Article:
By Cindy Baldwin
CANTON – Three years ago, Chris and Sheri Thompson, Canton, looked at their 350-acre pasture and saw the possibilities. Now they are seeing the results. The Thompsons are being recognized as the 2019 McPherson County Conservation District Grassland Award winner for their work in improving the pasture located north of Maxwell Game Preserve between Canton and Roxbury. The pasture, which had been in the family but rented out for many years, is now managed by the couple.
“The pasture was poorly managed with the brush and cedar trees taking over,” Chris said. “Buck brush covered about 15 percent of the pasture when we started.”
Working with rangeland specialist Doug Spencer, the McPherson County Conservation District/NRCS and funding from the EQIP program, the Thompsons developed a plan that will eventually restore the pasture to full productivity. Work immediately began on clearing the pasture. The couple continued cutting cedar trees and believe they have that problem under control. The pasture has been aerial sprayed twice to address brush and noxious weeds and was burned last spring. Thompson said he plans
to burn again this spring. Relieving the competition from trees and brush has made a clear difference in the health of the native
grass. The Thompsons have not had to plant any grass as it is regenerating on its own.
“Where there used to be patches of musk thistle, now there’s grass,” Sheri noted. “The grass is coming in much thicker.”
But, eliminating competing plants was only one part of the equation in regenerating the pasture. Recognizing that former grazing practices played a big part in degrading pasture quality, the Thompsons developed a grazing plan that would immediately utilize the pasture while giving it a chance to put on new growth.
The pasture had been managed as two parcels, but the Thompsons developed a rotational grazing plan that has it divided into six paddocks. The roughly equal-sized paddocks were designed for efficiency. The pasture has three ponds and two creeks providing reliable, year-round water sources, and each paddock has natural access to water. Cattle are moved through the paddocks dependent on the rate of grass growth. Over a 90-day grazing period, they plan on three rotations through the paddocks. How quickly the herd will be moved will be determined by grass condition in the paddock.
“The cattle will rotate through all six paddocks three times, but how quickly we move them depends on rate of grass growth. The first rotation, when the grass is shorter and growing rapidly, will have fewer days than a rotation later in the season when the grass is more mature and growing slower,” Chris said.
The Thompsons have been using a reduced stocking rate to reduce pressure on the grass but expect to be at a normal or higher stocking rate for the area soon. They have been able to make progress toward that goal. In the second year, they were able to graze twice as many head as they had the first year but for only half the time, which allowed the grass a recovery period.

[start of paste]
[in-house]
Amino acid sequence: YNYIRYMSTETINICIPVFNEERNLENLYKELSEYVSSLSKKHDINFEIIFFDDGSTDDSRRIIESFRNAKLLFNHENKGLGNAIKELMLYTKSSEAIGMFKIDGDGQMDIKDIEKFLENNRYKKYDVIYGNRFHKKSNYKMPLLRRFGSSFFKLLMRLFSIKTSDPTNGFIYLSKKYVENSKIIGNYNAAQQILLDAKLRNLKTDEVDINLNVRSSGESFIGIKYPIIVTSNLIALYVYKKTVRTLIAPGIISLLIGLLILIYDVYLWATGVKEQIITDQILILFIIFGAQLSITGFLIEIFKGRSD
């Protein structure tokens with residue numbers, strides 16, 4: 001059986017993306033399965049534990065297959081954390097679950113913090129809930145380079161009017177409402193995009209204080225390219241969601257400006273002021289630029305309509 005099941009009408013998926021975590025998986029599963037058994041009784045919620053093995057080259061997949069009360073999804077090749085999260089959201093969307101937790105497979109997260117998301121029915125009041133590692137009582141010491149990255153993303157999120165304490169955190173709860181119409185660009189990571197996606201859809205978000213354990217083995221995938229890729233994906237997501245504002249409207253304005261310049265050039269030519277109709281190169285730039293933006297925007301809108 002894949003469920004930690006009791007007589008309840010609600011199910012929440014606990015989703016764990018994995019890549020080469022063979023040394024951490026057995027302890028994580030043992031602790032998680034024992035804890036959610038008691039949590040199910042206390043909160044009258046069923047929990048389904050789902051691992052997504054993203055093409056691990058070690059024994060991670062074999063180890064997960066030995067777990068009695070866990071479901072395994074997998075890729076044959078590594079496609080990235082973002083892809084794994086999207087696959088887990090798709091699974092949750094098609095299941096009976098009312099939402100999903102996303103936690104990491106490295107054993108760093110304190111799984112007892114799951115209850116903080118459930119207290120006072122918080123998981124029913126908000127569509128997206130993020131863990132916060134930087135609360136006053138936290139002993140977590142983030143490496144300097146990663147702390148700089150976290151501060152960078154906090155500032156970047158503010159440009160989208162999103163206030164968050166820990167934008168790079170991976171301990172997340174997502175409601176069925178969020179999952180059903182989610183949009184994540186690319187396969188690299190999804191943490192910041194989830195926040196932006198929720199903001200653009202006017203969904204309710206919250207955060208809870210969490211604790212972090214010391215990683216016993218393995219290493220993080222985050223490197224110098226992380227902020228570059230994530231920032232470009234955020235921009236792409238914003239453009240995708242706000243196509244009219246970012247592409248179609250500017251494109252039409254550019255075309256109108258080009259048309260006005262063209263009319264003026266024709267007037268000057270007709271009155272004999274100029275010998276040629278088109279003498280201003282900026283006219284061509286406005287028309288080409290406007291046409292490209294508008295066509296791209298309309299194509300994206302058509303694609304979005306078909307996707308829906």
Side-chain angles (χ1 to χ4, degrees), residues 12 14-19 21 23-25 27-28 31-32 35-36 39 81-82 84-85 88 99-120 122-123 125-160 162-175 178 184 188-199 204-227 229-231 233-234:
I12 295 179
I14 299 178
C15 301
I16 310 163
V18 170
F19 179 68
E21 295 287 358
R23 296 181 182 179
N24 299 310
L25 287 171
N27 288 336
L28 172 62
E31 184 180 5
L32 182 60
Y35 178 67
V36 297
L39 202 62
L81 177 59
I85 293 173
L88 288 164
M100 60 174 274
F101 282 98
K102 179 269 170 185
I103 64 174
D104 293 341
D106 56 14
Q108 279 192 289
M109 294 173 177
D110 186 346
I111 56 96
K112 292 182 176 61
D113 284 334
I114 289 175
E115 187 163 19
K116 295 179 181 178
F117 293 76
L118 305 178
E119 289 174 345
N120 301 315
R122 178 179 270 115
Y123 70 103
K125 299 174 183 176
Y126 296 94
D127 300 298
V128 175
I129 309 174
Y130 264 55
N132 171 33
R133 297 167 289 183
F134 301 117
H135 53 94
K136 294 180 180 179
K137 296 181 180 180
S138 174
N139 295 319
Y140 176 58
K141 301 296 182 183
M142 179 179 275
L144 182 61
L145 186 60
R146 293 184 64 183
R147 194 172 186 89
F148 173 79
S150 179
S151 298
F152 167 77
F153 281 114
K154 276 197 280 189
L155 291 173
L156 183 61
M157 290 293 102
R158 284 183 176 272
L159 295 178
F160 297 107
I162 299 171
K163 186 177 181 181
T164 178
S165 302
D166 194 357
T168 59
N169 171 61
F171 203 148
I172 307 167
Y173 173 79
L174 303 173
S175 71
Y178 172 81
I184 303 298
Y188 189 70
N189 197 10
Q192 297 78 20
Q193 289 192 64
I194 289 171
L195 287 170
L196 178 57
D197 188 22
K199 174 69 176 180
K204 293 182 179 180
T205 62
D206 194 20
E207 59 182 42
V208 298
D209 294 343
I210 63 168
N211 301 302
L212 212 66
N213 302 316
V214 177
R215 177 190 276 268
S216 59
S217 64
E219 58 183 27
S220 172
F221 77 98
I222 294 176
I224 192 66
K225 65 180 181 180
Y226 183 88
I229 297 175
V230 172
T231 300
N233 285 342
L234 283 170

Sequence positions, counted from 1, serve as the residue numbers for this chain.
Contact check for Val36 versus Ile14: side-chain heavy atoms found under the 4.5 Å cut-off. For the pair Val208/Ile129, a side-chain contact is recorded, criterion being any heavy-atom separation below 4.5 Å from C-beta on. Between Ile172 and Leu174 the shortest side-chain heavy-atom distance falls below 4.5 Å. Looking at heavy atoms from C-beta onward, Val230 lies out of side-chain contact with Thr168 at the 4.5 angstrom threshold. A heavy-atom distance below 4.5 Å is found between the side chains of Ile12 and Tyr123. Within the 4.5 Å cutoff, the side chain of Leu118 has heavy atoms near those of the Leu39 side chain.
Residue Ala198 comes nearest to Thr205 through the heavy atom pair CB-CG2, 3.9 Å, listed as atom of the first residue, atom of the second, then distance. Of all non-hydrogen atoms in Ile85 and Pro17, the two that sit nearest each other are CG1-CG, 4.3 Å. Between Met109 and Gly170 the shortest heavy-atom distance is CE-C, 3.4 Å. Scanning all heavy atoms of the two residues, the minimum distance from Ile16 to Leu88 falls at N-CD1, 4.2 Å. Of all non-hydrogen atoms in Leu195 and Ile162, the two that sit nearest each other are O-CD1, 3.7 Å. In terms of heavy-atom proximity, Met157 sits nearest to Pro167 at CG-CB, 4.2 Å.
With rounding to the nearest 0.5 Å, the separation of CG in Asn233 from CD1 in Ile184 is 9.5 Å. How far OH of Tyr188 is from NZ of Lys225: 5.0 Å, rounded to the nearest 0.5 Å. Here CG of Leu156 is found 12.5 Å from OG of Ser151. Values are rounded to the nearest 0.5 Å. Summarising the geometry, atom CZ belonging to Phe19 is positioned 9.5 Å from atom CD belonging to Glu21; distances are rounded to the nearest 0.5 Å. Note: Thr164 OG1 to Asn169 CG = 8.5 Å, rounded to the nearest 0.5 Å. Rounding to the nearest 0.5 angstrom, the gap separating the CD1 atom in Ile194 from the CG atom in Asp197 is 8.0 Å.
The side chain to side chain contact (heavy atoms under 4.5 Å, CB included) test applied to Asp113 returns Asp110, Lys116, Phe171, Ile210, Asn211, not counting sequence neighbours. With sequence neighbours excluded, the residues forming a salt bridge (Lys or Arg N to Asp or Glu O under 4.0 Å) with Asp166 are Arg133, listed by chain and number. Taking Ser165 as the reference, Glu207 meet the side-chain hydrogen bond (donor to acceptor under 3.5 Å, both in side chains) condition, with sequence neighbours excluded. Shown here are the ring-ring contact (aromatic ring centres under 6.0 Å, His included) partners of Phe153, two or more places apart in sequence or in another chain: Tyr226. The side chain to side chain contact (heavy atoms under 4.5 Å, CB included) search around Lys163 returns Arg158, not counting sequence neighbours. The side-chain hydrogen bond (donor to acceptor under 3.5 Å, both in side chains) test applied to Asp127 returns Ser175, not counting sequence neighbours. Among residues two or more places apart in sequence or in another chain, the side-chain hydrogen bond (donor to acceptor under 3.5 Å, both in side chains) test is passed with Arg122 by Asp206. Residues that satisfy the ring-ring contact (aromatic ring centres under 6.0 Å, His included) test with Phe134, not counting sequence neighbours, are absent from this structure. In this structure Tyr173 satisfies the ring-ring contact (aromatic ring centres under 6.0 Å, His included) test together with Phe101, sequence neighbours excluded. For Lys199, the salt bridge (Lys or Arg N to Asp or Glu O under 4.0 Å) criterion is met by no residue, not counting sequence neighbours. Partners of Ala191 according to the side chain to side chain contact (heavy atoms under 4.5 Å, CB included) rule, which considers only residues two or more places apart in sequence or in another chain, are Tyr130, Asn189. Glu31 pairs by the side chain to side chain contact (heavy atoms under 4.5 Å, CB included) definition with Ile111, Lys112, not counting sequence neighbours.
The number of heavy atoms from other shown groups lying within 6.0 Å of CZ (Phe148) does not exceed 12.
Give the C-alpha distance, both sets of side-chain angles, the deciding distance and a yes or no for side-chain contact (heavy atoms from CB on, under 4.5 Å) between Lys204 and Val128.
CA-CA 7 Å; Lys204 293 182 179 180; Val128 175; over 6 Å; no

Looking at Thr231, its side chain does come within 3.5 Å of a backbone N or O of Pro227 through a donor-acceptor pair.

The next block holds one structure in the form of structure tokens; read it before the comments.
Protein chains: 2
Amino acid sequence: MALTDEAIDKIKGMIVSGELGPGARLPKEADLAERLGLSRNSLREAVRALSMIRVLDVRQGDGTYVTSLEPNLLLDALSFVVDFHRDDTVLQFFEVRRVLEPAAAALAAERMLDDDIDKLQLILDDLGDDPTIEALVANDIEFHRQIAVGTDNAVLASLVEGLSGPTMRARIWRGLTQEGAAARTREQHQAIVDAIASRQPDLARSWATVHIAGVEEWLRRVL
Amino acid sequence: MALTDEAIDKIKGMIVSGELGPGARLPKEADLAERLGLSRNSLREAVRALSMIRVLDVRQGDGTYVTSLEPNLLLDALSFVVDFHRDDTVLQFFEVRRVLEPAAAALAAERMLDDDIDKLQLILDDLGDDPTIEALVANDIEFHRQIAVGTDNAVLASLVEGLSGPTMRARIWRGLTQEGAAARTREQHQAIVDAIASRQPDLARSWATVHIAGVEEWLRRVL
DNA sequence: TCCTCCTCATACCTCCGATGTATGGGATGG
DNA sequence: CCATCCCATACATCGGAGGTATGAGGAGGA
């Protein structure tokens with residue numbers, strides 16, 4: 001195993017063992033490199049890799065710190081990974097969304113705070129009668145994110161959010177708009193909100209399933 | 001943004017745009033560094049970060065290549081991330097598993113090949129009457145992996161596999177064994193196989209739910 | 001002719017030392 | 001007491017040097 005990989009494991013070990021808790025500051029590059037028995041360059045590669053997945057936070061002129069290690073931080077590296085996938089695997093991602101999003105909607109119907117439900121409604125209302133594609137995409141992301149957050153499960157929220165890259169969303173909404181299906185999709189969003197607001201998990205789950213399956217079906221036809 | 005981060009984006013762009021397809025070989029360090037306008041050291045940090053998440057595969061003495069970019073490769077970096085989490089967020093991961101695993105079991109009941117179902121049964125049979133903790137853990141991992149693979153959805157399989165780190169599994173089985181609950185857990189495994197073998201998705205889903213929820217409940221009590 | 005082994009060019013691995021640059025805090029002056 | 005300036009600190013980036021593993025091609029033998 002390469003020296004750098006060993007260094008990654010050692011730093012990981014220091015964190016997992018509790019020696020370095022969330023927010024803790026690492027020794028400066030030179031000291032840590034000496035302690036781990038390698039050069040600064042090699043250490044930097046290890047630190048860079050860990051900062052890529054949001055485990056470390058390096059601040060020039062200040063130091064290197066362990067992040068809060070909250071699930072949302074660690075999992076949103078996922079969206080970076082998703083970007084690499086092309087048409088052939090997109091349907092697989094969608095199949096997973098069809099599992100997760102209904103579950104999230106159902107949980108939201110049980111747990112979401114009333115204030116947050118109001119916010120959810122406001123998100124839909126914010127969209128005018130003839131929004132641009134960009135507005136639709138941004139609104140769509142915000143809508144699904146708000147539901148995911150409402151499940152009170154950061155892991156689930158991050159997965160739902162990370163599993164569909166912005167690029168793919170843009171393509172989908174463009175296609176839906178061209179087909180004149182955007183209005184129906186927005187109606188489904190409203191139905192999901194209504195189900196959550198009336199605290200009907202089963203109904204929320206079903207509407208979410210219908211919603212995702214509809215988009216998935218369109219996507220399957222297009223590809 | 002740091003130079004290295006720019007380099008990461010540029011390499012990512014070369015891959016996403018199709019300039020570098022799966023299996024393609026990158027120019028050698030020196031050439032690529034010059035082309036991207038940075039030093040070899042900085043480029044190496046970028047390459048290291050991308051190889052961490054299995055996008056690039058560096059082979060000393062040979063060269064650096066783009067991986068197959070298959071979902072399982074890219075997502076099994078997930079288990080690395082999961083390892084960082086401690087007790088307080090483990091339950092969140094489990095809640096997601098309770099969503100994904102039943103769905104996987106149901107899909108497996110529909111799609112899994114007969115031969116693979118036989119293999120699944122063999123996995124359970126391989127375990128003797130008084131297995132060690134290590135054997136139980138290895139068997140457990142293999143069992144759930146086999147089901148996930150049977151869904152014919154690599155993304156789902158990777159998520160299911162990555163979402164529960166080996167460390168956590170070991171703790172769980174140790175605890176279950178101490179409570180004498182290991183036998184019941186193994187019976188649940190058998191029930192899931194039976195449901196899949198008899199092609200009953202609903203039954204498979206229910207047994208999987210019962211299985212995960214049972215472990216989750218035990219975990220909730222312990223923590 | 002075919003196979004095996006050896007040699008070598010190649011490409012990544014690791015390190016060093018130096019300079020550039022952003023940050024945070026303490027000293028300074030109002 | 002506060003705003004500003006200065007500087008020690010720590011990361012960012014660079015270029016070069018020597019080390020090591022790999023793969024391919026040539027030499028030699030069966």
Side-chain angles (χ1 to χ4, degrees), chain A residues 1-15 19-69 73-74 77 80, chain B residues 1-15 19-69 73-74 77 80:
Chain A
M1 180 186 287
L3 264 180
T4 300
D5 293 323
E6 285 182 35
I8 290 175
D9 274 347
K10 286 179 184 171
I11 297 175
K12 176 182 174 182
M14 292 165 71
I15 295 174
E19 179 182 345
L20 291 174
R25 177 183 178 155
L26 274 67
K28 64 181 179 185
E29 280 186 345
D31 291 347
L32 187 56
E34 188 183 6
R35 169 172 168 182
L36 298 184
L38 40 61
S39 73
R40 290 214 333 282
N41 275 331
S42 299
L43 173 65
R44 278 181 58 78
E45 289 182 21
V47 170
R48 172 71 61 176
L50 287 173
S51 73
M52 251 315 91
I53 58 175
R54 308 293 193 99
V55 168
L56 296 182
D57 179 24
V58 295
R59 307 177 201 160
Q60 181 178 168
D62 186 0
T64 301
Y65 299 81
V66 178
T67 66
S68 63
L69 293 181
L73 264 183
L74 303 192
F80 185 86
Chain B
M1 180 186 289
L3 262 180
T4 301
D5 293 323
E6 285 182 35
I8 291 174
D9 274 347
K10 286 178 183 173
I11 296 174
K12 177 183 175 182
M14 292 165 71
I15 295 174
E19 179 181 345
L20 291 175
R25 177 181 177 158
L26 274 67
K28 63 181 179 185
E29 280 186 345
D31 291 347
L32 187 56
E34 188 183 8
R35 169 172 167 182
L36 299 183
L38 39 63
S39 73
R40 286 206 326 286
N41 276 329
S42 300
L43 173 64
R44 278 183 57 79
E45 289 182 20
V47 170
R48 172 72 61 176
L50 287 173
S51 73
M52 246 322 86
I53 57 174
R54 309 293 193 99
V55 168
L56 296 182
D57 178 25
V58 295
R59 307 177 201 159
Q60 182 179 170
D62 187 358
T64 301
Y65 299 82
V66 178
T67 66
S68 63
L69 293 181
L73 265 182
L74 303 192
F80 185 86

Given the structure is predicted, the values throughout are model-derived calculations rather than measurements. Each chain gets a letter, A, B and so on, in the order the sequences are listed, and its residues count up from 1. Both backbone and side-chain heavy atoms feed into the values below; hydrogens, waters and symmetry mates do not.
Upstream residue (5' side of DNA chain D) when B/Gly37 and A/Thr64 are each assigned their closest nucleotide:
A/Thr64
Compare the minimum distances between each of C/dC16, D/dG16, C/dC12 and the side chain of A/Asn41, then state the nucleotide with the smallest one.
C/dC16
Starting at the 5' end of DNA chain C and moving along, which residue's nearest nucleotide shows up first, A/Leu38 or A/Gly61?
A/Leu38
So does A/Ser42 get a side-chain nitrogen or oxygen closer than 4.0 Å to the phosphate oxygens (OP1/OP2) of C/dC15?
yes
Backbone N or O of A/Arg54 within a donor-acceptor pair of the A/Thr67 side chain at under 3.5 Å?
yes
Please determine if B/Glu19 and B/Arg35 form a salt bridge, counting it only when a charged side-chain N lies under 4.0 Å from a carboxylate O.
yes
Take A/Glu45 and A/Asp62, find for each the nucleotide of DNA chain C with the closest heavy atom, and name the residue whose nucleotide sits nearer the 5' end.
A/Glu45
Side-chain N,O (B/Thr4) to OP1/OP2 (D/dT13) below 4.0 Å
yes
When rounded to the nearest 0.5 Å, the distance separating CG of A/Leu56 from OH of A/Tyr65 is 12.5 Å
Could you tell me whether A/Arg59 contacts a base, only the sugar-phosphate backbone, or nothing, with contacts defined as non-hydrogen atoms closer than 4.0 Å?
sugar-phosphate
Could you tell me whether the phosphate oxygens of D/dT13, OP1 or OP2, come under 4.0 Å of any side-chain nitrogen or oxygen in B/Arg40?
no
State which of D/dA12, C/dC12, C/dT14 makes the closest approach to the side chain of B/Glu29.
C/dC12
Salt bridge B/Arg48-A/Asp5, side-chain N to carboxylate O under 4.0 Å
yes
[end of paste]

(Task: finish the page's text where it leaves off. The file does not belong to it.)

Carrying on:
In 2019 the pasture held stockers. Chris Thompson said cattle were put in the pasture in May and came off in August as they wanted to give the pasture a late season rest.
“Even though we had a dry fall, the grass really put on a lot of late season growth,” he said.
To take advantage of that winter grass, the couple moved cows into the pasture this month for 60 days of dormant season grazing. They plan to graze three of the paddocks – which they have temporarily split with polywire into even smaller paddocks. Keeping the cattle tighter utilizes the grass better, improving the uniformity of grass regrowth. The cows will be supplemented with alfalfa hay. The couple plan to bring stocker calves back for summer grazing.
“There are lots of good things coming out of winter grazing. We’re able to cut back on winter feed costs by utilizing the dormant grass. The cows are in better shape and, by stomping the dead stuff down, they are effectively mulching the pasture, kind of like using no-till in a field,” Chris said.
“And, they are spreading their own fertilizer,” Sheri added.
In addition to grass management, the couple have done some dam work around the ponds. The pasture had experienced some areas of erosion, but Chris said that seems to be resolving itself as the grass rebounds. They have also noticed more deer and quail since the grass has improved. Work on pasture improvements has meant a lot of late nights, according to Sheri. Both have off-farm jobs – Chris works for MKC and Sheri is a nurse with the Newton public schools – so the work has been
done on evenings and weekends. The couple have been pleased with their progress. Chris said they saw the best improvement in the second year and have been told to expect the third year to double that growth.
“People talk about sustaining the pastures, but we want to do more than sustain what we had. We want to improve it to where it returns the best profitability possible while maintaining good grass health,” Chris said.
Chris and Sheri are well on their way.